My photo treasures: Guy Tal

Some of the photographers that I like and whose writing and photography I am following are filed (only in my brain) under different stereotypes (by which I identify them for example to my wife, who has to listen to my photography gibberish in length). Guy Tal is the philosopher photographer, even though this does of course not at all do justice to either his writing and much less his art (as no stereotype ever does). In fact, one of the first things that I read from Guy Tal was a rather technical ebook on Creative Digital Printing.
Guy Tal is a very interesting person, thoughtful writer (check out his blog) and sensible observer that I have become to appreciate. He has a genuine attitude towards life and making a living and has been described as an artist, photographer or writer (teacher or philosopher could also be added) - in German I may have used the title Lebenskünstler, for which I have not found a satisfactory English translation (according to Leo, bohemien is a possibility that I quite like). Here, I would like to primarily mention Guy Tal's photography, which I think may be the tie for his passions and the main source for his wide acclaim.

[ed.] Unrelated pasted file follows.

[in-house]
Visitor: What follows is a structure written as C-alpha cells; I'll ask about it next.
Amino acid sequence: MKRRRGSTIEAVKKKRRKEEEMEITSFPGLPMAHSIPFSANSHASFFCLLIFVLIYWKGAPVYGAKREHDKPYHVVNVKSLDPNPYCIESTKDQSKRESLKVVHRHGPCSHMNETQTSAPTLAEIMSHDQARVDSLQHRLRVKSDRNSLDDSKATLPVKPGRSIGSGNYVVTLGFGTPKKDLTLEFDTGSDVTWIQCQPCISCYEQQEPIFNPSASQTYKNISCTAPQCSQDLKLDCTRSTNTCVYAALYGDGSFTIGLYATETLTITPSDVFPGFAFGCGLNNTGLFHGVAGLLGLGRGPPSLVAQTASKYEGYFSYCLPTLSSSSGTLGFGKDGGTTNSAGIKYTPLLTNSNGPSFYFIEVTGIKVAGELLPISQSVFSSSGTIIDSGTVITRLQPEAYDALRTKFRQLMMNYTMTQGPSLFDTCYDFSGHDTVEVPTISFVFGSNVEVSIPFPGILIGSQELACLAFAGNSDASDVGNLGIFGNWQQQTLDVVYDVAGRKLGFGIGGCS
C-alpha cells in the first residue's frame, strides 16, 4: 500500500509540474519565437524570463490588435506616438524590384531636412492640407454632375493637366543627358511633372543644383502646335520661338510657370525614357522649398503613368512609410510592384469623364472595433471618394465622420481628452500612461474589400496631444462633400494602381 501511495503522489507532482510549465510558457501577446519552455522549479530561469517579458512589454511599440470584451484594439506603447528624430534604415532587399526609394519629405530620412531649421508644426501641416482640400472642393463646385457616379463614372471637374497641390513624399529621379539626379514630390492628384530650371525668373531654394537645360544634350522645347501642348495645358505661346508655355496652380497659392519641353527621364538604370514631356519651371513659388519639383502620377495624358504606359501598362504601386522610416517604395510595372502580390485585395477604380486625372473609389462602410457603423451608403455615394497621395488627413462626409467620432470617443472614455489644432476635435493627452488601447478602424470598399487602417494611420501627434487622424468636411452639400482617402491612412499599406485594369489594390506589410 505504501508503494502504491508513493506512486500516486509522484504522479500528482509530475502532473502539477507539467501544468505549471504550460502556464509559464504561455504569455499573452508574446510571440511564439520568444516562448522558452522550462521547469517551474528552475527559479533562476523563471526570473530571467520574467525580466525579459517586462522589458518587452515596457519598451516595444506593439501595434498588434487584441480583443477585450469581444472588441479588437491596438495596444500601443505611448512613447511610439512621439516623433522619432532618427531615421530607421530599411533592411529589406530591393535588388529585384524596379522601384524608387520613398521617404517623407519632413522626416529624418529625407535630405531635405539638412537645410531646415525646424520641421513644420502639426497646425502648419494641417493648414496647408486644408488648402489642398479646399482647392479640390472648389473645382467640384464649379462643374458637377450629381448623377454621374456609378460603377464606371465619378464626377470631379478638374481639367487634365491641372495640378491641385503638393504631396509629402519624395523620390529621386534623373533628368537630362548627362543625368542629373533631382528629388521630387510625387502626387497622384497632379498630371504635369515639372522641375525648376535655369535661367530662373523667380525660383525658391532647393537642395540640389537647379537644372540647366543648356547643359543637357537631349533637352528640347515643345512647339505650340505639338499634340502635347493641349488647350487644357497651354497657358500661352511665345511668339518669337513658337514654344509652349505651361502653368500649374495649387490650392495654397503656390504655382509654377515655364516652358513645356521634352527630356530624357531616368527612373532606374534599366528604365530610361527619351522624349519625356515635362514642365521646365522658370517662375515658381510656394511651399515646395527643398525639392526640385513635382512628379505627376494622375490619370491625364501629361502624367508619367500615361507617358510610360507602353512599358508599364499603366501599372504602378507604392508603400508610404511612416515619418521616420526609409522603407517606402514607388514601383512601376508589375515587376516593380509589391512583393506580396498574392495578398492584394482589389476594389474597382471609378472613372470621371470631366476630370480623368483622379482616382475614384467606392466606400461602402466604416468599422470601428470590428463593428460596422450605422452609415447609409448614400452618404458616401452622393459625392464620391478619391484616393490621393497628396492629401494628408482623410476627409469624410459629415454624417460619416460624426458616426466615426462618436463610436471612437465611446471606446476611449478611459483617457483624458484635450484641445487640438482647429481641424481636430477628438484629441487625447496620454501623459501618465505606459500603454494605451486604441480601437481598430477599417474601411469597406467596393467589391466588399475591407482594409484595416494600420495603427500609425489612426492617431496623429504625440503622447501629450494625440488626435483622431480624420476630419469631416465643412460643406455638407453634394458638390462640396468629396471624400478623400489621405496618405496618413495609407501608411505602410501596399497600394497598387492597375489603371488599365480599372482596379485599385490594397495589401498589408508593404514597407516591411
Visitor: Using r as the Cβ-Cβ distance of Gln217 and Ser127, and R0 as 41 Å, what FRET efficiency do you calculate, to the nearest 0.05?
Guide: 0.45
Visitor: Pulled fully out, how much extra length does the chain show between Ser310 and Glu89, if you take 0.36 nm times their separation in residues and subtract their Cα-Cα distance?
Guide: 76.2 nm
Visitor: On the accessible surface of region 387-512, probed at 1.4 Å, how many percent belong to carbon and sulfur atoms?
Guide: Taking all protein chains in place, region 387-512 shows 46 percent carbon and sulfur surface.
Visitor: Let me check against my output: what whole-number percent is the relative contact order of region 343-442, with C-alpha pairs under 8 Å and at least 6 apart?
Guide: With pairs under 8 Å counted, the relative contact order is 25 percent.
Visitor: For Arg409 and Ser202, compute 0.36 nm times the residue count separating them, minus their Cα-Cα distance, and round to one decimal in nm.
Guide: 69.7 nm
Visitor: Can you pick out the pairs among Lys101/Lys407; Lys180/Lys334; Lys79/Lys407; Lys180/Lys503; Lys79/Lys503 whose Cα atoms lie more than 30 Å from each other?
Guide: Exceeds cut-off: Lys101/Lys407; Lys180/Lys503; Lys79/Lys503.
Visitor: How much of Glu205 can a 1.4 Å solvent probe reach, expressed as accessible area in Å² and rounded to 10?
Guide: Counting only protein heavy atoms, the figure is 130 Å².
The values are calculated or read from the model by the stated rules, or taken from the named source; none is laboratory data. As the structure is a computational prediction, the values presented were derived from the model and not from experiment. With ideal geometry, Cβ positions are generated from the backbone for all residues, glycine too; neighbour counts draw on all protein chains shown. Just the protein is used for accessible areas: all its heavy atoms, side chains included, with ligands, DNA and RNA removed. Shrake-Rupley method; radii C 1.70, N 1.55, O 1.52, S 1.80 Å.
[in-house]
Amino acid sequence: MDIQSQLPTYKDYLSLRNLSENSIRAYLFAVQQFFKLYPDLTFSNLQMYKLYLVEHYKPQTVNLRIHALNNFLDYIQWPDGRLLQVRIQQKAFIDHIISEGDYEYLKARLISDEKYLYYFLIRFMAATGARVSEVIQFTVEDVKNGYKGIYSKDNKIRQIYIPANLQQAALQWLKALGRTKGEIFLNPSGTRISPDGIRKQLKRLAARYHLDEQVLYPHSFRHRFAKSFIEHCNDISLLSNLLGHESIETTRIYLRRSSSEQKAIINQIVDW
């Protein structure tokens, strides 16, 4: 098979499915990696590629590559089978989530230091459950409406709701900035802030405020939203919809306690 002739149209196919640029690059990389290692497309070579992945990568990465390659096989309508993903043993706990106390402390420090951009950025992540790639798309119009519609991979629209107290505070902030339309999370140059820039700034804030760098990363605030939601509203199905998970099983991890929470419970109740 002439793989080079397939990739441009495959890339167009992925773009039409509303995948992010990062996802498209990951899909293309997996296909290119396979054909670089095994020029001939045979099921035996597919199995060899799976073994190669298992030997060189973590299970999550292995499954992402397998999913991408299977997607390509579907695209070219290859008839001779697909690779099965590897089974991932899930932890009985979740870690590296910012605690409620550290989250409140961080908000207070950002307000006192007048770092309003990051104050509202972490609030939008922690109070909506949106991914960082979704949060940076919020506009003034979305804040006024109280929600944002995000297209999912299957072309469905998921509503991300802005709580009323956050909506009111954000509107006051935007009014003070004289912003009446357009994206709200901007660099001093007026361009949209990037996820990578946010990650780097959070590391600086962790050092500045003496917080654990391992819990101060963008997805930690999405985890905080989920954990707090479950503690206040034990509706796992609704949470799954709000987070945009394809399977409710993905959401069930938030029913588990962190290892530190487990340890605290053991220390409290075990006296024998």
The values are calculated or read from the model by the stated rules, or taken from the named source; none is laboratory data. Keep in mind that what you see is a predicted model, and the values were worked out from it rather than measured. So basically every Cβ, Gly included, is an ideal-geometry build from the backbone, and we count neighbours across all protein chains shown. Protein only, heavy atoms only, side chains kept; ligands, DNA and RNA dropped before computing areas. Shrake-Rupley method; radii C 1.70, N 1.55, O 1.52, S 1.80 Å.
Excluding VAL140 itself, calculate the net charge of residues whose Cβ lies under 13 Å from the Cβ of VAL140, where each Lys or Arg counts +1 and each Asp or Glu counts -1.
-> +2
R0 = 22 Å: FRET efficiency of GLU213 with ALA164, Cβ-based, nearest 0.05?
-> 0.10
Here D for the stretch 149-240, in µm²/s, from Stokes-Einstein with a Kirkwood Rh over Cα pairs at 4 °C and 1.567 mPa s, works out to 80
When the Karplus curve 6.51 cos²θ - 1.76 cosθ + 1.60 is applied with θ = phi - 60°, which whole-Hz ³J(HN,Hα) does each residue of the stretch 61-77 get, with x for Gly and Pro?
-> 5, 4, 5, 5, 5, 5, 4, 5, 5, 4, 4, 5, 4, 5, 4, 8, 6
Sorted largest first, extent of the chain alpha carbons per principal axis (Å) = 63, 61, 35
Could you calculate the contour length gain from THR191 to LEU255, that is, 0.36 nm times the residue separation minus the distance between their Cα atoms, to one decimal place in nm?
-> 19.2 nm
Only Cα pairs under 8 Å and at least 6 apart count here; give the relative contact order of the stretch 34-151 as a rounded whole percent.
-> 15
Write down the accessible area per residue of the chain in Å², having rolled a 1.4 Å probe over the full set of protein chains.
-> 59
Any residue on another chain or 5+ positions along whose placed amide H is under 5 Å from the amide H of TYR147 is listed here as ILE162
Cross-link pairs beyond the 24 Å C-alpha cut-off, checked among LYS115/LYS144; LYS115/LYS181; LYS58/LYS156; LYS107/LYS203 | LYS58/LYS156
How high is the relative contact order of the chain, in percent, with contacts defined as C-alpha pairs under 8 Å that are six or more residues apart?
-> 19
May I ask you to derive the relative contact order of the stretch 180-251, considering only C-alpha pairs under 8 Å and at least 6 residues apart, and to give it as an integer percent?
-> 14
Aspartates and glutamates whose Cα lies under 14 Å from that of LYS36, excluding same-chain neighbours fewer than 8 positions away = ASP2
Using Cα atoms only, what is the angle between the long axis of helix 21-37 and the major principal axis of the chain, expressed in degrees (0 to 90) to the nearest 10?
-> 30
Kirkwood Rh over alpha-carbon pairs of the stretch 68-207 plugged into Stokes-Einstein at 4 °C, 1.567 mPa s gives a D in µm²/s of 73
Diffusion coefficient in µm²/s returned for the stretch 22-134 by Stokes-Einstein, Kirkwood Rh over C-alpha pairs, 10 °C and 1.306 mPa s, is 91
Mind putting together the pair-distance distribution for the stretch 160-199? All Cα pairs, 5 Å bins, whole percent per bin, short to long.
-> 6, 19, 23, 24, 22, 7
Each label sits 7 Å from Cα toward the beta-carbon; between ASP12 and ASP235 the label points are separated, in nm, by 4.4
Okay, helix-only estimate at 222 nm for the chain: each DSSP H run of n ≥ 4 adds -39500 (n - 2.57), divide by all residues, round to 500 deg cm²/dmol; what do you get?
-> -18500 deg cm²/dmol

It is not the well-known and famous landmarks that are Guy Tal's motifs, but rather hidden gems of natural beauty that he finds on his treasure hunts in the Colorado plateau. Guy Tal's photographs, as well as his writing, convey an intense and personal relationship with the wilderness that is his home; they are truly intimate landscape photographs in the very sense of the word.

Cottonwood in Slickrock Bowl / Fine Art Landscape Photograph by Guy Tal Photograph © Guy Tal. Cottonwood in slickrock bowl from the Sandstone Worlds portfolio.

While classical landscape photographs capture the vastness of the environment, intimate landscapes depict details from a close and personal angle. I do not feel qualified to describe, let alone define, intimate landscapes, but there are numerous essays including highly recommended articles by Guy Tal and many others (for example HERE or THERE; in addition I also like THIS text). Guy Tal beautifully describes intimate landscape photography as "... the artist’s attention to detail that allows them to expand their repertoire and find nuggets of beauty in practically any situation, with almost any subject and any light." Along the same line, the intimate landscape master William Neill (whom I have introduced in an earlier post) describes intimate landscapes as "little gems of nature (that) are lost without a conscious effort to slow down and to look for the picture within the larger picture."

2012/09/26 by Florian Freimoser
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